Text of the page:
Clean water today —
and every day
When a small pilot scheme got underway in West Africa, no-one imagined the results could change the future for drought-prone communities across Burkina Faso, and beyond.
IT’S EARLY morning in the sub-Sahelian region of Burkina Faso, but the heat is intense. The rains ended a month ago and the earth is already dusty and red. By midday the temperature will soar to more than 40 degrees Celsius — and it’s only the beginning of the dry season.
When WaterAid launched a small pilot project in three villages here, it was with an apparently simple goal: securing access to water 365 days a year. But our team knew straightaway that something different would be required, something more innovative than we had worked on before, because of the unique challenges facing these communities.
Firstly, there was the dramatically variable climate, characterised by unpredictable rainfall and a dry season that can last for up to eight months of the year, as the harmattan — the hot dry wind from the Sahara — blows across the land, making rivers evaporate and groundwater levels drop.
Then there was the critical task of meeting the needs of hard-working families, as they faced the daily challenges of living in one of the world’s poorest countries. When the rains ended, they were forced to dig for days in the riverbed or travel for miles in search of water to drink, to wash and to cook with, not to mention to give to their livestock, to irrigate their crops or to use in brick-making. Our pilot project helped to change all that.
A new generation of pioneers
In such a tirelessly unpredictable climate, making our work truly sustainable meant not only incorporating robust new infrastructure to help ease the communities’ water problems, but helping them develop the skills to become fully-fledged water experts themselves — with the support of local government guaranteeing long-term change.
That’s why, as well as investing in new sand dams and making improvements to existing wells, we’re supporting local people like Balima Kalim to get the training and tools they need to measure water levels, monitor rainfall, pre-empt threats and spot emerging data patterns.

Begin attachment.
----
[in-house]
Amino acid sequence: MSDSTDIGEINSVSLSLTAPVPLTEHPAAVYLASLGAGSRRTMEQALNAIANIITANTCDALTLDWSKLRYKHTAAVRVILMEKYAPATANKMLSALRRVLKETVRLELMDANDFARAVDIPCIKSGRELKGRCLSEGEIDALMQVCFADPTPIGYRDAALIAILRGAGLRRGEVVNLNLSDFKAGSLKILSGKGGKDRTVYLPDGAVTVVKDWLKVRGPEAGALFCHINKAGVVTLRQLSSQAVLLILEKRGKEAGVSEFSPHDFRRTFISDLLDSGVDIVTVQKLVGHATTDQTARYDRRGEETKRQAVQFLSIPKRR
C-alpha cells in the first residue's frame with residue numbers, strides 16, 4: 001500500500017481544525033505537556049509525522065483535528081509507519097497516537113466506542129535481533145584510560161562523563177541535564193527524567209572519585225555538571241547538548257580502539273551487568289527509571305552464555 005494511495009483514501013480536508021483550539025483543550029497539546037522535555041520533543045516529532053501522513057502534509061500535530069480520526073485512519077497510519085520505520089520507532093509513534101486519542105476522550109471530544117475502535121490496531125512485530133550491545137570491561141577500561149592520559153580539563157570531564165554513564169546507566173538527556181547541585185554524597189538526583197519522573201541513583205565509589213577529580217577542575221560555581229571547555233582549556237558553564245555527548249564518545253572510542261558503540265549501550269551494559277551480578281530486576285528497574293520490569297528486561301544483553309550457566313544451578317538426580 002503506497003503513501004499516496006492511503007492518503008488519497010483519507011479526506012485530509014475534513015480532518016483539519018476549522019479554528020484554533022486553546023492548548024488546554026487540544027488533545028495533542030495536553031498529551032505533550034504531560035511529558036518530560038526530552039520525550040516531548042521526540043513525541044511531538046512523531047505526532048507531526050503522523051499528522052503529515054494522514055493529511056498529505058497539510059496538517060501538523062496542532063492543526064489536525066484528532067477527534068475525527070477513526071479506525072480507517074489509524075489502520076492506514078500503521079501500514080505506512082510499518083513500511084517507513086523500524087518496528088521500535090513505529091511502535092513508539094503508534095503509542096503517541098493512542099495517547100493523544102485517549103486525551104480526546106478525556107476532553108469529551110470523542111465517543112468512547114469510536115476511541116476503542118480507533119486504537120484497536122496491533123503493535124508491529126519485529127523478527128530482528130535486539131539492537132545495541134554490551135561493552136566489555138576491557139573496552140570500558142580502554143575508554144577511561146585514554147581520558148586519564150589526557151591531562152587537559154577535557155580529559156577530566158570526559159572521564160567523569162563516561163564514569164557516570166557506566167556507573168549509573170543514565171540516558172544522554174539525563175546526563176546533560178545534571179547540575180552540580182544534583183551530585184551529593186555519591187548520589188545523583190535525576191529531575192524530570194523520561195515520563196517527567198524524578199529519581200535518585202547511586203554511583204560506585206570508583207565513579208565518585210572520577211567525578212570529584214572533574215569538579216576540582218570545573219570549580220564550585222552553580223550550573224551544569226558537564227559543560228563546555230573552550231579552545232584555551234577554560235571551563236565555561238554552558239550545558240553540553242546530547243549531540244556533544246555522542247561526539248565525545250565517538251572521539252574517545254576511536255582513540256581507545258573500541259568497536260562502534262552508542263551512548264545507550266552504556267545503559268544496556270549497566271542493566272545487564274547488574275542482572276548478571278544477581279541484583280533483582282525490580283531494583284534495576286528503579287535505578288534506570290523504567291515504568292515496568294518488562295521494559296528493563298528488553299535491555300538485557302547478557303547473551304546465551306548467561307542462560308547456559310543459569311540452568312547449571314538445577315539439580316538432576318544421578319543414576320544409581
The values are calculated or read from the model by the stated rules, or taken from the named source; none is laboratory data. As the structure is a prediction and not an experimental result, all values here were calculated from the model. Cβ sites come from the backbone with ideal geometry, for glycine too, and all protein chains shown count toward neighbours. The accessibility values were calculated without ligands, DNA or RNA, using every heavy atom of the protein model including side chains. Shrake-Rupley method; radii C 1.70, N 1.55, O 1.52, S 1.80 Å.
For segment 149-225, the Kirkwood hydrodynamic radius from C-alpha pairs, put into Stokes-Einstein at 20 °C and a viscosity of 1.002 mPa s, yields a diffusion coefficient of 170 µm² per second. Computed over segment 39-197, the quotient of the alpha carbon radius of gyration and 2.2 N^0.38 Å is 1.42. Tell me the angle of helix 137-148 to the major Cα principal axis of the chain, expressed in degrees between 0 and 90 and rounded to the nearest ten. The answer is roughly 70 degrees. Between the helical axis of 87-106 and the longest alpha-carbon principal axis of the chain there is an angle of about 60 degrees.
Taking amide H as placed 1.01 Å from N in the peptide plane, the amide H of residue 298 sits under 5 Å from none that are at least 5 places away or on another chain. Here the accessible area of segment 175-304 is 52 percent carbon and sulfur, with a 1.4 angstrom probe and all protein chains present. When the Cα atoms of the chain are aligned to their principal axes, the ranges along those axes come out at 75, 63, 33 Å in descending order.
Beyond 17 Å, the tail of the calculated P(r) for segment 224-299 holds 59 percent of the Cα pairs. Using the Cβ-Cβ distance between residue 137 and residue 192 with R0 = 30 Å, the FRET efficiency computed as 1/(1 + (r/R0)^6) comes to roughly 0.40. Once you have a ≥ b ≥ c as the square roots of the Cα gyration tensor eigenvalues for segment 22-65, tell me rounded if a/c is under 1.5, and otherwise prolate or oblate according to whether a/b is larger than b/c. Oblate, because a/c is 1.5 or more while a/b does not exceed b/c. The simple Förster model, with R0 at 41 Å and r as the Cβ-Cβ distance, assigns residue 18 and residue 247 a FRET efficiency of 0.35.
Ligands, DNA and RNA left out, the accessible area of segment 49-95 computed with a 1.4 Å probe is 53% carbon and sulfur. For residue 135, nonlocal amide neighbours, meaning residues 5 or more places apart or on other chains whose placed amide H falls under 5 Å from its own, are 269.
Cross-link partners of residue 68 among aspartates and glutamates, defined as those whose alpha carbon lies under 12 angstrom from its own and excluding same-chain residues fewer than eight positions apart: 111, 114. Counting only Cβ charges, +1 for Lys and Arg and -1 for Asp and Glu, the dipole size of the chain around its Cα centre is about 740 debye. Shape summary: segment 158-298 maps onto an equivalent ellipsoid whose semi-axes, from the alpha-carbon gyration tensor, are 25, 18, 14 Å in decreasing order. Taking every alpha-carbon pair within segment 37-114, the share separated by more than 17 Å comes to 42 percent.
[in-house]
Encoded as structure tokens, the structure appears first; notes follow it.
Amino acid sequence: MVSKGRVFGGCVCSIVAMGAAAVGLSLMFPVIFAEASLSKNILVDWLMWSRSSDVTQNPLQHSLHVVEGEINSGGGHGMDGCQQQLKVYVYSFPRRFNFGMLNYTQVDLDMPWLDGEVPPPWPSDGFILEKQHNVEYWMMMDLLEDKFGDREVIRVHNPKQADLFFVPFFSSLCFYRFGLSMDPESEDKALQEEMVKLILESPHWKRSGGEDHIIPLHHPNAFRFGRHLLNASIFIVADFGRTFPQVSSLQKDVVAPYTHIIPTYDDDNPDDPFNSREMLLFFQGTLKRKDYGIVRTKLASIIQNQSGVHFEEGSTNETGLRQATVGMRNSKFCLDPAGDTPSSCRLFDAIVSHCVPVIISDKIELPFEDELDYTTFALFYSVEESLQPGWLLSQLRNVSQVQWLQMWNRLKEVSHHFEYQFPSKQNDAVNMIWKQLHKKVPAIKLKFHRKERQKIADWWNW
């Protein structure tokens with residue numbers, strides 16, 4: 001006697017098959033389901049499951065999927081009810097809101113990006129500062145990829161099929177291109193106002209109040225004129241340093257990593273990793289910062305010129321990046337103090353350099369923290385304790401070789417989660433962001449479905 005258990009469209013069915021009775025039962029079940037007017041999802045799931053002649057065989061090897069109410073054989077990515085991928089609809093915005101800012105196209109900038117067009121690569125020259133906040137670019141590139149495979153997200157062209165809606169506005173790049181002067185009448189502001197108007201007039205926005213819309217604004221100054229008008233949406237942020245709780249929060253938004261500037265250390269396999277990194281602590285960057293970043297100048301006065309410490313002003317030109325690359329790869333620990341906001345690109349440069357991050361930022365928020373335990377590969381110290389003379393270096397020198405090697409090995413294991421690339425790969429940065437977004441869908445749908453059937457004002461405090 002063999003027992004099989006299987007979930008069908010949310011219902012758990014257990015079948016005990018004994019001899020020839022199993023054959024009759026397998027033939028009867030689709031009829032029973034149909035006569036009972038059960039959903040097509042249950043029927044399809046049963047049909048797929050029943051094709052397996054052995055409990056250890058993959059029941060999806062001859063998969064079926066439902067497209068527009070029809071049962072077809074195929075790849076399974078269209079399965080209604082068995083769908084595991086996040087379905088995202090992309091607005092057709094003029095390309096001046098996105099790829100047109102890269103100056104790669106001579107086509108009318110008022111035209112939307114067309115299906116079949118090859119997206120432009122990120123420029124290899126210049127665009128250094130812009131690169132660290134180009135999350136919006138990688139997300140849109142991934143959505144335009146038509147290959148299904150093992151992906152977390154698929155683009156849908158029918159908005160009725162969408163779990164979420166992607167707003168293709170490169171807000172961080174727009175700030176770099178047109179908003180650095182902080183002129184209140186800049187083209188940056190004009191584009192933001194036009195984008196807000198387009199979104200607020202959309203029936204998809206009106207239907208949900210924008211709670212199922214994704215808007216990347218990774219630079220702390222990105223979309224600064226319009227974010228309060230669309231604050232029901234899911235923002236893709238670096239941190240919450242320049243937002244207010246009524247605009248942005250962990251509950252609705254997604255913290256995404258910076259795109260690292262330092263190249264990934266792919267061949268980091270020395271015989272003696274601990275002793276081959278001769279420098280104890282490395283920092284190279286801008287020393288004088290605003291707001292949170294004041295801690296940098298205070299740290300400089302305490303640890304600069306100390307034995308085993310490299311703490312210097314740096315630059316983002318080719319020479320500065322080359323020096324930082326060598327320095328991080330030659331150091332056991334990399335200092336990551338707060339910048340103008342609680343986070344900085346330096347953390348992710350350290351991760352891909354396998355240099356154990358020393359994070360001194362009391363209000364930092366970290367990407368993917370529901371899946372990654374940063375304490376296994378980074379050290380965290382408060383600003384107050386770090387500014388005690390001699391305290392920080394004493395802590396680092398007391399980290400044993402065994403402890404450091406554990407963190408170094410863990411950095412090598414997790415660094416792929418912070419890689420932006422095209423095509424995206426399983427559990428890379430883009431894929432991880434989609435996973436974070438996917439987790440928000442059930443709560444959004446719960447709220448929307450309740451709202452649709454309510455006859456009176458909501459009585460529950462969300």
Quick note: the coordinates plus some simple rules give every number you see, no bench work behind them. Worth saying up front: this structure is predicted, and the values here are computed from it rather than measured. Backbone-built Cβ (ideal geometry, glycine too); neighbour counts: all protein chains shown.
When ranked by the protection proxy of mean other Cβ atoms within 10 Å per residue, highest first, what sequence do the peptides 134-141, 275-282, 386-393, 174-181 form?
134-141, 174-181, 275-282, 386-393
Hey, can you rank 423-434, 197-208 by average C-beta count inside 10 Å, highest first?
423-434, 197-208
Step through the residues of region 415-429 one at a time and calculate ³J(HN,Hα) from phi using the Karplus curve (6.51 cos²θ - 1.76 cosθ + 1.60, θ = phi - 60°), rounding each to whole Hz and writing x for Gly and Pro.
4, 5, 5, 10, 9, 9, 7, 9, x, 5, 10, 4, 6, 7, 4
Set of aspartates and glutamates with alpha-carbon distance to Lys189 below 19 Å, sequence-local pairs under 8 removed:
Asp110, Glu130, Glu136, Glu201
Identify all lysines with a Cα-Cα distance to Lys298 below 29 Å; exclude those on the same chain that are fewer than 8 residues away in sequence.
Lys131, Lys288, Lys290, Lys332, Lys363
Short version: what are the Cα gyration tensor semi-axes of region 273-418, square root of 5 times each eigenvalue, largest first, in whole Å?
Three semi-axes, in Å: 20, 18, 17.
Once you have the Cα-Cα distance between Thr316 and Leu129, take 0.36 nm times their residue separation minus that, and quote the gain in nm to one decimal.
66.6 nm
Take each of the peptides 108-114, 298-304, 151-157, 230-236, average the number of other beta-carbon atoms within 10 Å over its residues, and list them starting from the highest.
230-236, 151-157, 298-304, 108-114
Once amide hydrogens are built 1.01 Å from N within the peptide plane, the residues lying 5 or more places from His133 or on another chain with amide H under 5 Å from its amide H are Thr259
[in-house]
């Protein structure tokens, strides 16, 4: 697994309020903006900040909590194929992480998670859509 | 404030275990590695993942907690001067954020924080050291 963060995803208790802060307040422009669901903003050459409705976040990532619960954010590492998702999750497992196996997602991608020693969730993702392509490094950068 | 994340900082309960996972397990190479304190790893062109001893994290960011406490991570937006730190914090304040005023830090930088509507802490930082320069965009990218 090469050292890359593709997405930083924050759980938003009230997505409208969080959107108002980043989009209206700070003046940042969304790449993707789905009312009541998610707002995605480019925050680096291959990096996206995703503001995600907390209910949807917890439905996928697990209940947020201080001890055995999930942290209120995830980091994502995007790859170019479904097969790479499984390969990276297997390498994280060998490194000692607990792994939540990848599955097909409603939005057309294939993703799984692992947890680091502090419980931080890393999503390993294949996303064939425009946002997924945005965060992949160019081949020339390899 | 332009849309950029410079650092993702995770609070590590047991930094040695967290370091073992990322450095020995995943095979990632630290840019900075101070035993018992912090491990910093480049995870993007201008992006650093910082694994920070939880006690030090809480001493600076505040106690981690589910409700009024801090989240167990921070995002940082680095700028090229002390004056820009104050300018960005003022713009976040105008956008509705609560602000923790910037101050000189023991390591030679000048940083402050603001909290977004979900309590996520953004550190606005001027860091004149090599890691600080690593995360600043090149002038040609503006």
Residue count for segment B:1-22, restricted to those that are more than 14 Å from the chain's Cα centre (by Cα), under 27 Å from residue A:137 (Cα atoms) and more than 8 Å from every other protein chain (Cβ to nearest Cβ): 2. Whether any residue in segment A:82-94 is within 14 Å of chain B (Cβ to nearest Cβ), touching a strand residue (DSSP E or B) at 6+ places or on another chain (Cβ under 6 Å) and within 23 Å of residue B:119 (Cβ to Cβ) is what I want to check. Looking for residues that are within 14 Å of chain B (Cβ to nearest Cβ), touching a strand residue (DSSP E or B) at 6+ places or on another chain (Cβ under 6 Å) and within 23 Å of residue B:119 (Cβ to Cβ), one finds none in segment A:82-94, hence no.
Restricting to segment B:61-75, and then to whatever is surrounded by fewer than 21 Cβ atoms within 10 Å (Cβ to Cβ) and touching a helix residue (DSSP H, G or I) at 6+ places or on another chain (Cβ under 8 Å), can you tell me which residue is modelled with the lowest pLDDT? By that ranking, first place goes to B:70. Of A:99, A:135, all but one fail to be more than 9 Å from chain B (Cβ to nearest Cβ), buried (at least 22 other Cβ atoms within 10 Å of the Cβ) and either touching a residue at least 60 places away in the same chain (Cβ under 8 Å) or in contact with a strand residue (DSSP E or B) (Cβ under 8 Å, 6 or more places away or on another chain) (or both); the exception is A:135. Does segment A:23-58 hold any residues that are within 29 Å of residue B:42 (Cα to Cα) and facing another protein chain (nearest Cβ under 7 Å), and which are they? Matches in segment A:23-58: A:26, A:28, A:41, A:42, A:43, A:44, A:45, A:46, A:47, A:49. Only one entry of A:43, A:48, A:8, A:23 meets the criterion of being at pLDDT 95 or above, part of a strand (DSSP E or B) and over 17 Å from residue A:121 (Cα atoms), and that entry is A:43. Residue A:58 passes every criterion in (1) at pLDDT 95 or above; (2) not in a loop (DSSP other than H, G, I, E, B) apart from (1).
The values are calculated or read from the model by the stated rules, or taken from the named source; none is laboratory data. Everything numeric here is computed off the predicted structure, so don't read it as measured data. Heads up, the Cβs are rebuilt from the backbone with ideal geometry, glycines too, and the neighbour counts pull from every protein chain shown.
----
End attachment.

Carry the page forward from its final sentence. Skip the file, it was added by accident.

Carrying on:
“Now we can monitor the water there has been a big change in the welfare of the community,” Balima tells us. He lives in Basbedo village and works as a water monitor, a new role which is central to the project’s main aim: putting the community at the heart of managing their own water supply.
“We make graphs so we can show people the evolution of the water level. We tell them when they can start to sow their crops and what quantity of water they can fill their buckets with, so that the plants don’t die.
“Now there is no more suffering for water, there are no more quarrels. I have hope for the future,” he says.
Thanks to their new, trained specialists, the community in Basbedo is now equipped to make informed, collective decisions about their water supply for the very first time.
Together, they agree how much water can be used, at what times of day, from which waterpoint and in what quantities — safeguarding access to this vital resource that can determine whether they live or die, especially during the unrelenting dry season.
And with the whole community on board, the results have transformed every aspect of day-to-day life.
“Many people are involved in market gardening [the small-scale production of fruits, vegetables and flowers as cash crops] and this has made their lives better,” Balima says.
“People have better clothes and many people have houses — there are cement bricks too, where in the past people only had mud bricks, because people have more income.
“There are more cows, which means more need for water, but people are so well organised; they go in groups and everyone knows when to go. Even the small boys who take care of the animals know what time they have to take the cattle to the waterpoints.
“The water management work has brought many, many improvements to the village.”
The results from Basbedo, and the other communities where the pilot programme has been running, have been so extraordinary that this spring we’ve launched our Project Sahel: Water 365 appeal, with the goal of implementing this pioneering approach in a total of 14 drought-prone communities in Burkina Faso.
And it doesn’t stop there. Critically, the new generation of water experts we’re helping to train are not working alone.
The data they’re collecting is being fed into government monitoring schemes, to help build a more cohesive national picture of climate patterns across the country, which could have far-reaching results.
It’s also helping communities to secure vital government support, especially at district level, making long-term investment in their infrastructure and training much more likely.
For Lucien Damiba, who leads WaterAid’s work on managing water resources in Burkina Faso, it is this combination of community commitment, improved infrastructure and advocacy at a government level that makes the future for this pilot project so thrilling.
“Understanding how to manage a water supply brings economic, social, and health benefits,” he tells us. “This pioneering approach will serve as a model that can be rolled out by the government of Burkina Faso and scaled up in other sub-Sahelian regions.
“It has the potential to change the future for drought-prone communities in Africa and around the world.”
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Photography: WaterAid/Andrew McConnell